- Peru has just hosted the First International Forum of Indigenous Women from across Latin America, in preparation for expanding its advocacy at the upcoming UN Indigenous People’s Forum and increasing the network’s direct impact in education, health and nutrition.
Progress in Monitoring and Evaluation
A top priority for the organization is to put in place a monitoring and evaluation (M&E) system in every one of our program countries that is consistent with our bottom-up approach. Our M&E system must also be consistent with our aspiration that it be world class and provide us with strong evidence that our programs fulfill our objectives and do indeed transform lives and free people from hunger in a sustainable way. Given that most M&E is inherently top down, we face a number of challenges.
At the last Board meeting, reports were provided on the innovations in quarterly data collection now underway and being recorded in our new online monitoring system. This work focused initially on Africa. During this period, and during the time of my visits in India and Bangladesh, we achieved conceptual breakthroughs in how to measure the impact of our complex strategies in these countries, which will be incorporated into our overall system with data collection beginning in May.
Last year was a breakthrough year in our funding, particularly in our partner countries, which increased their funding of global programs by 74 percent. This increased their share of global funding from 25 to 34 percent. More than 35 percent of partner country funding is from institutional rather than individual sources. Partner country fundraising for 2008 is already 45 percent ahead of where it stood at this time last year, and there are great prospects for further growth.
The US had significantly slower but still significant growth at 13 percent in 2007, while still falling short of reaching the target. This outcome resulted in large measure from the commitment of our high-level ($25,000+/year) investors who provided 61 percent of US funding. As we entered 2008, the US fundraising team targeted 10.5 percent growth for 2008. To achieve this will require successfully confronting two challenges: the financial crisis, and the retirement of Laura Burt, our longest-serving and one of our most successful fundraisers. In addition, we have mourned the passing of two of our most generous investors—Les Traband and Anne Petter.
To date, the US is 8 percent behind where we were at this time last year. I will be meeting with our head of fundraising, Lee Stuart, and the US Fundraising Team to develop strategic steps to increase, or at least maintain, our fundraising capacity in the face of current challenges.
Plans for Our Fall Event
Our plans for the 2008 Fall Event on October 18, 2008 at the New York Hilton Hotel are well advanced. This year’s event will once again be the Africa Prize for Leadership for the Sustainable End of Hunger which was last awarded to Liberia’s President Ellen Johnson Sirleaf in 2006. This year, we seek to expand participation in the Africa Prize by carrying out a broad-based call for nominations with the specific focus of civil-society leadership for women’s empowerment.
This year, for the first time, all program countries completed their audits by the end of February. We conducted our consolidated audit in March, and the auditors have delivered their draft report in time for this meeting. This is a great breakthrough from last year, when the complex process of consolidation was not completed until late in the year.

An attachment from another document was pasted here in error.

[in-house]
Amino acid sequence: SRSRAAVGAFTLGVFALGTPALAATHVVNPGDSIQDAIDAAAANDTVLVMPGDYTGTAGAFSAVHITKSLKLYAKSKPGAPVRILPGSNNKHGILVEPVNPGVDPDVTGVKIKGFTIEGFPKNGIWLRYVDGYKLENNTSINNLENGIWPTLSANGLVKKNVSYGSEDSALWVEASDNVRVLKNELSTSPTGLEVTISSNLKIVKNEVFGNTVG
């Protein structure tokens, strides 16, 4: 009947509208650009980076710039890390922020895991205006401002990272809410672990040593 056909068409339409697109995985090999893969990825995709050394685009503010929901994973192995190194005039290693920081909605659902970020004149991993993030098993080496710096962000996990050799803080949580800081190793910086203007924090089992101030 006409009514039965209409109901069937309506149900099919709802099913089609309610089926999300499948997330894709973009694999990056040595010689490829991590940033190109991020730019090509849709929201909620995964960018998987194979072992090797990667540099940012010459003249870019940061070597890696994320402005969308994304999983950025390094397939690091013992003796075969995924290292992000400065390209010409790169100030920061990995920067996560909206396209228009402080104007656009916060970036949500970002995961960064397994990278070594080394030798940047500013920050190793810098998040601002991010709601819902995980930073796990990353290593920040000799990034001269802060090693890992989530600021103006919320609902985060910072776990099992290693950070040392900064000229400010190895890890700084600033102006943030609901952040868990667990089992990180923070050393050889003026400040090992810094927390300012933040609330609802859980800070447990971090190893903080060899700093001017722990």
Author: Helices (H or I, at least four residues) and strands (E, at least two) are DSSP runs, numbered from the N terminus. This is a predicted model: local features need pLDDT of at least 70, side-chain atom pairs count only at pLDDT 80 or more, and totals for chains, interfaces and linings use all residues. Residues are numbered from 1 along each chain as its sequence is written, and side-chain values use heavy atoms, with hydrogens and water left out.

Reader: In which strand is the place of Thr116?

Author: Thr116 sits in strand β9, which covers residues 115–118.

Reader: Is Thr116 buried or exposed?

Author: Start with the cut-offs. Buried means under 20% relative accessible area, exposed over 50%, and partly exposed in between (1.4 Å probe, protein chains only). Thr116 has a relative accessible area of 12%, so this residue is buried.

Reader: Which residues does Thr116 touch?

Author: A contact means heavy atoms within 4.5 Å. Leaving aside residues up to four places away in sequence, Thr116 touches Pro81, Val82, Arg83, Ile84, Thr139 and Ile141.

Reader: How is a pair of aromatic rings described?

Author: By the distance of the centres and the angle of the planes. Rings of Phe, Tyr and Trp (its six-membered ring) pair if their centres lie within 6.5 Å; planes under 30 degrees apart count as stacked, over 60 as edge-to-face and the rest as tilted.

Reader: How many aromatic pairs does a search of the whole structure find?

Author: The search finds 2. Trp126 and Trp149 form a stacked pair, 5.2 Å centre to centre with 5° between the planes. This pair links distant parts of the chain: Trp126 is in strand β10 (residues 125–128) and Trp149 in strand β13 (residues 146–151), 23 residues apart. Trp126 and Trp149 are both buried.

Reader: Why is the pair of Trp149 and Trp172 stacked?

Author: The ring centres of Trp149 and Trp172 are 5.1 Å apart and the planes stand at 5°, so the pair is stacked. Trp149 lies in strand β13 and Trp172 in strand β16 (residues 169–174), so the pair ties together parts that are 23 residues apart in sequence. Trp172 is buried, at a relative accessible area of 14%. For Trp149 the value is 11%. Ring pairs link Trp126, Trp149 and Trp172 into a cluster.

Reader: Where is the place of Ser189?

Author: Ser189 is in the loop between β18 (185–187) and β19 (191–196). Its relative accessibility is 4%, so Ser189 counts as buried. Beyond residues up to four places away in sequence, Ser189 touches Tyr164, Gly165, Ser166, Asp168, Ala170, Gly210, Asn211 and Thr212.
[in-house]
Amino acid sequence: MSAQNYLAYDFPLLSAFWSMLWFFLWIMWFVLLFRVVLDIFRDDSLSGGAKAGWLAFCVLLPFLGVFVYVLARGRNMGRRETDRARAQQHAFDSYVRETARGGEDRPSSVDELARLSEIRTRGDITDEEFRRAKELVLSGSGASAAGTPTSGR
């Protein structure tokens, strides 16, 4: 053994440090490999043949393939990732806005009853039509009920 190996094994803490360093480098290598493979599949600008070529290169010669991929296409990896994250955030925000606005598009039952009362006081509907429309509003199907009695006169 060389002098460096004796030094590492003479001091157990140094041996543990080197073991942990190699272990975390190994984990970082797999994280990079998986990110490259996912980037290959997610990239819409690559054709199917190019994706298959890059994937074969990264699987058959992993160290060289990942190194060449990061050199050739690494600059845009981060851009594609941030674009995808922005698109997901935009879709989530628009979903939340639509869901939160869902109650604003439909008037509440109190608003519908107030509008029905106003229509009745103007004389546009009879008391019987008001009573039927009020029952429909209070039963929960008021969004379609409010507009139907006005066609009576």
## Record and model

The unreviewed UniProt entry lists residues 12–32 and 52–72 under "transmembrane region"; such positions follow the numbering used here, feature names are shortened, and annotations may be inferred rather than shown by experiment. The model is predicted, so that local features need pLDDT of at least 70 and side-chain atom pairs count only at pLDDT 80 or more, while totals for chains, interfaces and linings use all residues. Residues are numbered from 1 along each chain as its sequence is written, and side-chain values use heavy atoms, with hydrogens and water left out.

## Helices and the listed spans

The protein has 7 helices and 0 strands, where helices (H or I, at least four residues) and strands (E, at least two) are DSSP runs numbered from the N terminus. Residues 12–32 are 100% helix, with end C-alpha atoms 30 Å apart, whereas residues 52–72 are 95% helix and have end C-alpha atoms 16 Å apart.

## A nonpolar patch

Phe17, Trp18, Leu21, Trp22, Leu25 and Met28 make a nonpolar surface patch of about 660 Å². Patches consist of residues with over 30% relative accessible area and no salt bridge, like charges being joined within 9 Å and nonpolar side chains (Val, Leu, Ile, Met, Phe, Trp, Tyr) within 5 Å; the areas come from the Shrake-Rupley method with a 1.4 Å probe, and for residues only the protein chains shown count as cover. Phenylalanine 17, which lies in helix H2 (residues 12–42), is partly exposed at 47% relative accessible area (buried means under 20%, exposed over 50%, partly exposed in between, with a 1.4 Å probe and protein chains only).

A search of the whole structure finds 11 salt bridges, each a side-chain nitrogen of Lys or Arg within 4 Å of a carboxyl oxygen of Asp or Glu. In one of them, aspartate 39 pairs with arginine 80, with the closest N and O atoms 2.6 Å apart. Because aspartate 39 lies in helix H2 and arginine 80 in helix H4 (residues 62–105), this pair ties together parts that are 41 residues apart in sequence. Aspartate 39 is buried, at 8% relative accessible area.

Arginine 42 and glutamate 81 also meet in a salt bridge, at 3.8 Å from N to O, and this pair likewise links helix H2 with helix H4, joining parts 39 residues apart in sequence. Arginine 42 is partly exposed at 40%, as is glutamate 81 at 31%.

The Hunger Project’s New Phase – Building a Learning Culture
As stated at past meetings, our third era successfully pioneered affordable, replicable and effective bottom-up, gender-focused strategies that empower women and men to end their own hunger. We have now entered a new era where we will seek to more strongly influence the development approaches being followed by multilateral institutions and governments.
In the past, new insights often resulted in dramatic redesigns of our programs. In this new era, the lessons will be as numerous but perhaps less dramatic. It will require more broadly-based discipline, greater professionalism and more systematic practices to capture, share and adapt these lessons. In turn, this will require staff to take ownership and feel accountable.
Such a culture of continuous improvement is known in the literature as a “learning organization;” it is my intention to introduce these approaches and learning culture throughout The Hunger Project.
I have begun laying the groundwork for The Hunger Project to become a learning organization by instituting a system of key performance indicators, regular management meetings with department heads individually and as a team, and regular weekly communications with the entire global staff.
I have intentionally not moved to fill vacant key staff positions until I gained a firmer understanding of the current organization critical skills gaps, and the need for greater clarification in roles and accountabilities. I have, however, already taken the decision that the organization has reached a stage where it would greatly benefit from the creation of a dedicated human resources role.
I am also keenly aware of the need for the organization to develop a 3-5 year strategic plan to give clear direction to our work, share with partner countries so that their planning can be more closely aligned with our strategic objectives, and ensure that we focus all our resources and energies on those activities, program and advocacy that add most value to the fulfillment of our mission: the empowerment of women and men to sustainably end their own hunger.